• Advantage: The resultant heat-processed material will be less toxic.

      • Disadvantage: You face the world without teeth during the few days the laboratory is doing its thing.

Either type can be:

  1. a resilient material – a “soft reline”

    • Disadvantage: Soft reline materials don’t last as long and tend to be more costly.

    • Advantage: Soft materials are kinder to tissue which can made tender by the pressure of dentures on them.

  2. a rigid material”

    • Disadvantage: Some people’s gums become tender with chewing forces. In the lower jaw, the nerve can be close to the surface and become sore.

    • Advantage: Rigid reline materials transmit chewing forces more efficiently. Therefore rigid materials are used unless there is some reason not to do so.

  3. Soft Relines in turn can be:

    • Temporary – They are intended to last only for a month or so, usually during healing or to allow irritated tissues to heal.

    • “Permanent” – They are intended to last for a few years.

Immediate Denture Relines

“Immediate Dentures” are provided at the same appointment that the teeth are extracted. This prevents “facing the world” without teeth and helps protect the extraction sites during healing.

That is because as the bone and gums heal it “remodels” itself and shrinks in the process. The remodelling of healing occurs over a time span of a few months. The longer-term shrinkage of disuse atrophy occurs over a time span of years. During healing several relines are usually required. They are almost always the soft, chairside, temporary type.

Duplicate Denture Strategy

Relining dentures is a necessary evil. No one wants to face the world without their dentures. Many denture wearers deal with the problem by having two sets of dentures. One of them is inevitably the “favourite,” the other is the “backup.”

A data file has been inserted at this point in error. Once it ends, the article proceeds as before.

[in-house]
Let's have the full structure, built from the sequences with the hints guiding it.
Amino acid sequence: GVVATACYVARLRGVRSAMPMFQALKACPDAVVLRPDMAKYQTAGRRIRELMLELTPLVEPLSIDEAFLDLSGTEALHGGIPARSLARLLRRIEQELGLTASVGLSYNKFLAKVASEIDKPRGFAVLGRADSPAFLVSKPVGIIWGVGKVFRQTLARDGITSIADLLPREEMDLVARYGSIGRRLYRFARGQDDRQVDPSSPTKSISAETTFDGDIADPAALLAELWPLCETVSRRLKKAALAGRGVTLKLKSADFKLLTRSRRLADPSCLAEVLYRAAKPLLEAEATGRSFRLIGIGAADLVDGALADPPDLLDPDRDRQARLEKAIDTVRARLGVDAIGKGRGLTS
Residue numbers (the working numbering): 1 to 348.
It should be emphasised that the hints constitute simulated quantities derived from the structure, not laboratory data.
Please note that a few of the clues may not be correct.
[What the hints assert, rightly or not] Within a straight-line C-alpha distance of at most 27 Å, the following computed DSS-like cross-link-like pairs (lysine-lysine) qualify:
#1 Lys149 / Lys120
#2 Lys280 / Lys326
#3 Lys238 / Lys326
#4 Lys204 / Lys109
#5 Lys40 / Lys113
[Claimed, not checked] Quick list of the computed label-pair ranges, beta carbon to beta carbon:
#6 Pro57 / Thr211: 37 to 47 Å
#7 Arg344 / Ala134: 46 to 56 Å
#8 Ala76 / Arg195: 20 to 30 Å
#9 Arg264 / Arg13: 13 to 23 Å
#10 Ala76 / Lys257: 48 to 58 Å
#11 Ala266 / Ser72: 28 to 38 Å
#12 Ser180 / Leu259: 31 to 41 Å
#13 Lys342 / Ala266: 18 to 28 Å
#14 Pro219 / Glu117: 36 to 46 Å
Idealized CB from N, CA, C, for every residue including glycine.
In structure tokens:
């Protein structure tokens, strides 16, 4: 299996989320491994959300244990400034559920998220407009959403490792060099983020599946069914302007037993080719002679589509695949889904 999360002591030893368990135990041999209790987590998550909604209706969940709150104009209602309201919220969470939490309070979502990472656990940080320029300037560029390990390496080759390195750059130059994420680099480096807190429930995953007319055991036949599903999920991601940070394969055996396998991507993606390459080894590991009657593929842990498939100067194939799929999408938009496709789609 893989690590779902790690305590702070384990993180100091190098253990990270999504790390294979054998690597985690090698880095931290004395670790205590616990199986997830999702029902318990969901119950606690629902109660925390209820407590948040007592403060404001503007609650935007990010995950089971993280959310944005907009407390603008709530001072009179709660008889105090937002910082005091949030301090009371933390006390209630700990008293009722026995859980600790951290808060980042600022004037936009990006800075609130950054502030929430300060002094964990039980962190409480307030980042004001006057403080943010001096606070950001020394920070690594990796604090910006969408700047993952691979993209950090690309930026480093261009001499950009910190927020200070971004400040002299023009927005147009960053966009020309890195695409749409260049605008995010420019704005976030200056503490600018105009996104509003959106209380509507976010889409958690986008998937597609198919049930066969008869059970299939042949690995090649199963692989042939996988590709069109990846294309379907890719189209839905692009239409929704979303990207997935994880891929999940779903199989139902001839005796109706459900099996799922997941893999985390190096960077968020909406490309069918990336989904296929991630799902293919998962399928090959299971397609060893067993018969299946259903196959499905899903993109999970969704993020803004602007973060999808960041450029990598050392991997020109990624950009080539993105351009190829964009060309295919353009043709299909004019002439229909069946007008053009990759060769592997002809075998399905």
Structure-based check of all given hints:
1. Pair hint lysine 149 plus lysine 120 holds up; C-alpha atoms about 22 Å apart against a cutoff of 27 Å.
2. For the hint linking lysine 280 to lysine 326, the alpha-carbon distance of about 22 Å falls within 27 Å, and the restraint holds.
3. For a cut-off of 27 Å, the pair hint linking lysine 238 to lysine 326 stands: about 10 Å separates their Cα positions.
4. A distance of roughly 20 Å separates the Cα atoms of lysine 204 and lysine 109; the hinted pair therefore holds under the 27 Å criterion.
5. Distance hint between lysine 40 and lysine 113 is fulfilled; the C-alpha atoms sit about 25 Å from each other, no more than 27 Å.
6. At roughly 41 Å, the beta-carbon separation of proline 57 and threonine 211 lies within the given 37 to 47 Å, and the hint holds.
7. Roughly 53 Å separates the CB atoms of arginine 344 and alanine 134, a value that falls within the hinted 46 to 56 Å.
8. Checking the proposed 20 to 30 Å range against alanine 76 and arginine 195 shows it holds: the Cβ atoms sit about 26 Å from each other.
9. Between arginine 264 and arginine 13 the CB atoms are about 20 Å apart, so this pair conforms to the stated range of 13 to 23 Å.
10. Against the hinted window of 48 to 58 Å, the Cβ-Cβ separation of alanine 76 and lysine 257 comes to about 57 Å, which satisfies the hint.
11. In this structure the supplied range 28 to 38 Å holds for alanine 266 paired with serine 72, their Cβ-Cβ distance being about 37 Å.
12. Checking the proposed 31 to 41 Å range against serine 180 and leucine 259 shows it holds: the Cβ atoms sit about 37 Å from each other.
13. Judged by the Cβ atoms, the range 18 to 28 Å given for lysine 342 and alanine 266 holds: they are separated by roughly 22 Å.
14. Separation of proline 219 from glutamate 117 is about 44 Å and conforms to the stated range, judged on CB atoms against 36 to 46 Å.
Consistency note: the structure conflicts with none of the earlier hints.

It usually works like this (using complete upper and lower dentures as an example):

  1. Teeth are removed and a set of immediate dentures is delivered at that appointment.


  2. During healing, a series of soft relines are done as required.

  3. Once healing is complete new dentures are made to fit the fully healed shape of the denture-bearing tissues.

  4. The new dentures are delivered and the patient adapts to them.

  5. The original immediate dentures (with the soft reline) are sent for a laboratory processed reline.

  6. This second set is delivered and the patient adapts to them as well.

  7. One of these sets of dentures becomes “the favourite.” Eventually – typically a few years later – they will need to be relined.

  8. The backup set (with perhaps a chairside reline) can be worn while the other set is at the lab.

  9. The relined “favourites” can be adapted to and the backups sent for a lab-processed reline.

There is the added advantage to this strategy that if a denture becomes lost or broken, a spare is available. This strategy has prevented many a foreign vacation from being spoiled.